Reviews for Pie


Booklist Reviews 2011 September #1
The story opens with 10-year-old Alice at the deathbed of her beloved aunt Polly, a wise but humble woman and a talented baker, known for giving away wonderful pies to all who visited her shop. How wonderful? Polly had won the Blueberry Medal, "the most coveted award in the field of pie baking," an unprecedented 13 times. After Polly's death, Alice inherits her aunt's grumpy, obese cat. When he disappears and Polly's shop is ransacked, Alice and her dependable pal Charlie attempt to solve the mystery. Set in 1955 and drawn in rather broad strokes, the story captures the spirit of a simpler, more innocent time. Weeks dramatizes the moral with unusual directness, showing that happiness arises from using one's talents well. Even for readers who don't catch the Blueberry/Newbery parallel, this enjoyable chapter book is a real charmer--with delicious-looking pie recipes opening every chapter! Copyright 2011 Booklist Reviews.

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Horn Book Guide Reviews 2012 Spring
Alice's beloved Aunt Polly dies, leaving her award-winning pie crust recipe to her cat, Lardo. When Lardo, a pie, and a key disappear, Alice decides to investigate. Her active imagination propels this small-town 1955-set mystery, resulting in an appreciation for family and friends. A slew of recipes calling for premade crusts--not one for the hyped pie dough--are included.

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Kirkus Reviews 2011 September #1

What do you get when you take some scrumptious pie recipes, stir in a mix-up of a mystery involving an overweight cat and a legacy, then add a sly satirical nod to the Newbery Medal? This irresistible confection.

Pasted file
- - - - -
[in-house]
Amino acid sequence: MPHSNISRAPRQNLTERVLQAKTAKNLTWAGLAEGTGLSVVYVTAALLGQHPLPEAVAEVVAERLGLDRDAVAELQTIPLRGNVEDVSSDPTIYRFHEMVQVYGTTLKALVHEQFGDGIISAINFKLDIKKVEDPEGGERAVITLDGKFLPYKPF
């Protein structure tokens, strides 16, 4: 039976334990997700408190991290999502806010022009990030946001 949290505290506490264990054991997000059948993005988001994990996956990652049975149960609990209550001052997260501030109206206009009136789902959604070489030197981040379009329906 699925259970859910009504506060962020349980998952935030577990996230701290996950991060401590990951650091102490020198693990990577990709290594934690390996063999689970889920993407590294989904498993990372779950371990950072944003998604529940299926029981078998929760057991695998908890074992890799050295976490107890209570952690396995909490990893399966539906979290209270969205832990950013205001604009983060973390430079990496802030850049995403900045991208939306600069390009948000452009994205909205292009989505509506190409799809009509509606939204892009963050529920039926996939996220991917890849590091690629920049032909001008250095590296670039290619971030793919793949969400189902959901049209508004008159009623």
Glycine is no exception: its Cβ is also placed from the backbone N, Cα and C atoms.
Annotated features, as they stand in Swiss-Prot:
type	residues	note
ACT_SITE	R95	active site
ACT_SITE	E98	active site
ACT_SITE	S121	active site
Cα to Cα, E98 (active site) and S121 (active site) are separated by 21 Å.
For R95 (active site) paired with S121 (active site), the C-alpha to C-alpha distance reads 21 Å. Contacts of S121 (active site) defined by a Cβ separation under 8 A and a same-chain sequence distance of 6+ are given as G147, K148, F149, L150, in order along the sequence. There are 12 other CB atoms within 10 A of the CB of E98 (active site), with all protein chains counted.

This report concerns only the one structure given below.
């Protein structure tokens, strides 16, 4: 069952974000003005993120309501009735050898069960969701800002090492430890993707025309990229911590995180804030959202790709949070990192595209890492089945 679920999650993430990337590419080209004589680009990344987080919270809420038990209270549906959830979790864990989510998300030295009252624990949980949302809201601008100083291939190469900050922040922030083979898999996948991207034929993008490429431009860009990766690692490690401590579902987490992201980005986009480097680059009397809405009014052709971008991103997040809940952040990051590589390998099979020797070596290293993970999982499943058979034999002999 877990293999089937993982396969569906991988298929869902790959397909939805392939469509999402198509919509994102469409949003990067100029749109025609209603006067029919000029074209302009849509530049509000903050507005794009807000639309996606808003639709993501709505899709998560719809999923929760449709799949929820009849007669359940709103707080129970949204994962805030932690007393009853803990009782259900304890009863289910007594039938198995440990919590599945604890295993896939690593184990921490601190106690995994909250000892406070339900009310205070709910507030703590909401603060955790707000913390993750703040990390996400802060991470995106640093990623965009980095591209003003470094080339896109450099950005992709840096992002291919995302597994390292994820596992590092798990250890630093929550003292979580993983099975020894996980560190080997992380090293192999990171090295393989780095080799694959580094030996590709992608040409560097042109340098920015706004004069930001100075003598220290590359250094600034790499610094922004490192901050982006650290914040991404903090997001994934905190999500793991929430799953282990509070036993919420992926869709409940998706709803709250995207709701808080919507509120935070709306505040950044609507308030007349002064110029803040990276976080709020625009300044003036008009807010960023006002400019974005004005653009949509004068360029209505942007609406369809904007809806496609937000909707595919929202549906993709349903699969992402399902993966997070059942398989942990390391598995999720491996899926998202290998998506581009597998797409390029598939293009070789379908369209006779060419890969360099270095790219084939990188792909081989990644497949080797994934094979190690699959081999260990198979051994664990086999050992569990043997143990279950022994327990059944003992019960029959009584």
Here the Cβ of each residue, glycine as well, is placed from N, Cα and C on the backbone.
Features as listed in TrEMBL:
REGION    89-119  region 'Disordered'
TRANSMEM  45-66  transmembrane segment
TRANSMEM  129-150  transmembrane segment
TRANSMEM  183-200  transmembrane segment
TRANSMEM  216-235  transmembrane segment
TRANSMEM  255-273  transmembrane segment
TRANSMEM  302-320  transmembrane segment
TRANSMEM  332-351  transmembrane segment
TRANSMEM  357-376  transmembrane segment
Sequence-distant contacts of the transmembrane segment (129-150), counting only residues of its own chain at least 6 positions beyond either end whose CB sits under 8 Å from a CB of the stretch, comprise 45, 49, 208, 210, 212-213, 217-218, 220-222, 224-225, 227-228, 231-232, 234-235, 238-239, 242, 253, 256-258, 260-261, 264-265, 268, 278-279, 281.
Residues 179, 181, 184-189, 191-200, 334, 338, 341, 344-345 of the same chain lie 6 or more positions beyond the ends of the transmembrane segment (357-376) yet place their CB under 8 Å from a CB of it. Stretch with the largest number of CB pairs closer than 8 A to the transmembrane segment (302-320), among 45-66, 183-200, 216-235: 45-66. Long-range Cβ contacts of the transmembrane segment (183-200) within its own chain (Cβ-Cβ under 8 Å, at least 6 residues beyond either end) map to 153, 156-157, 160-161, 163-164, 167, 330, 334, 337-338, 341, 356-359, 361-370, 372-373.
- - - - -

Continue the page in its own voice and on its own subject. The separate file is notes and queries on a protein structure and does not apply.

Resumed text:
In 1955, 10-year-old Alice's beloved Aunt Polly, the peerless "Pie Queen of Ipswitch," who has always given away the extraordinary products of her oven simply because it makes her happy, dies. She bequeaths her incomparable piecrust recipe to Lardo, her cat—or does she?—and leaves Lardo to Alice. Thus the stage is set for a rich, layered and funny tale about friendship, family relationships and doing what's right. The characters are wonderfully drawn. While doing her best to carry on Aunt Polly's legacy, trying to figure out how to wrest the secret from the cat, dealing with a nefarious woman poking around town and learning about the renowned "Blueberry Medal," which everyone in town is trying to win, Alice draws closer to her mom, a resolution Aunt Polly would have cherished. Alice and her family eventually discover the solution to the mystery in a plot twist that is both comical and plausible. An epilogue, set in 1995, is deeply poignant and gratifying. In addition to the beautifully wrought story, readers will savor and want to attempt the 14 recipes, each of which precedes a chapter.

Warm, delicious and filling. (recipes, pie credits) (Historical fiction. 9-12)

Copyright Kirkus 2011 Kirkus/BPI Communications.All rights reserved.

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Publishers Weekly Reviews 2011 August #5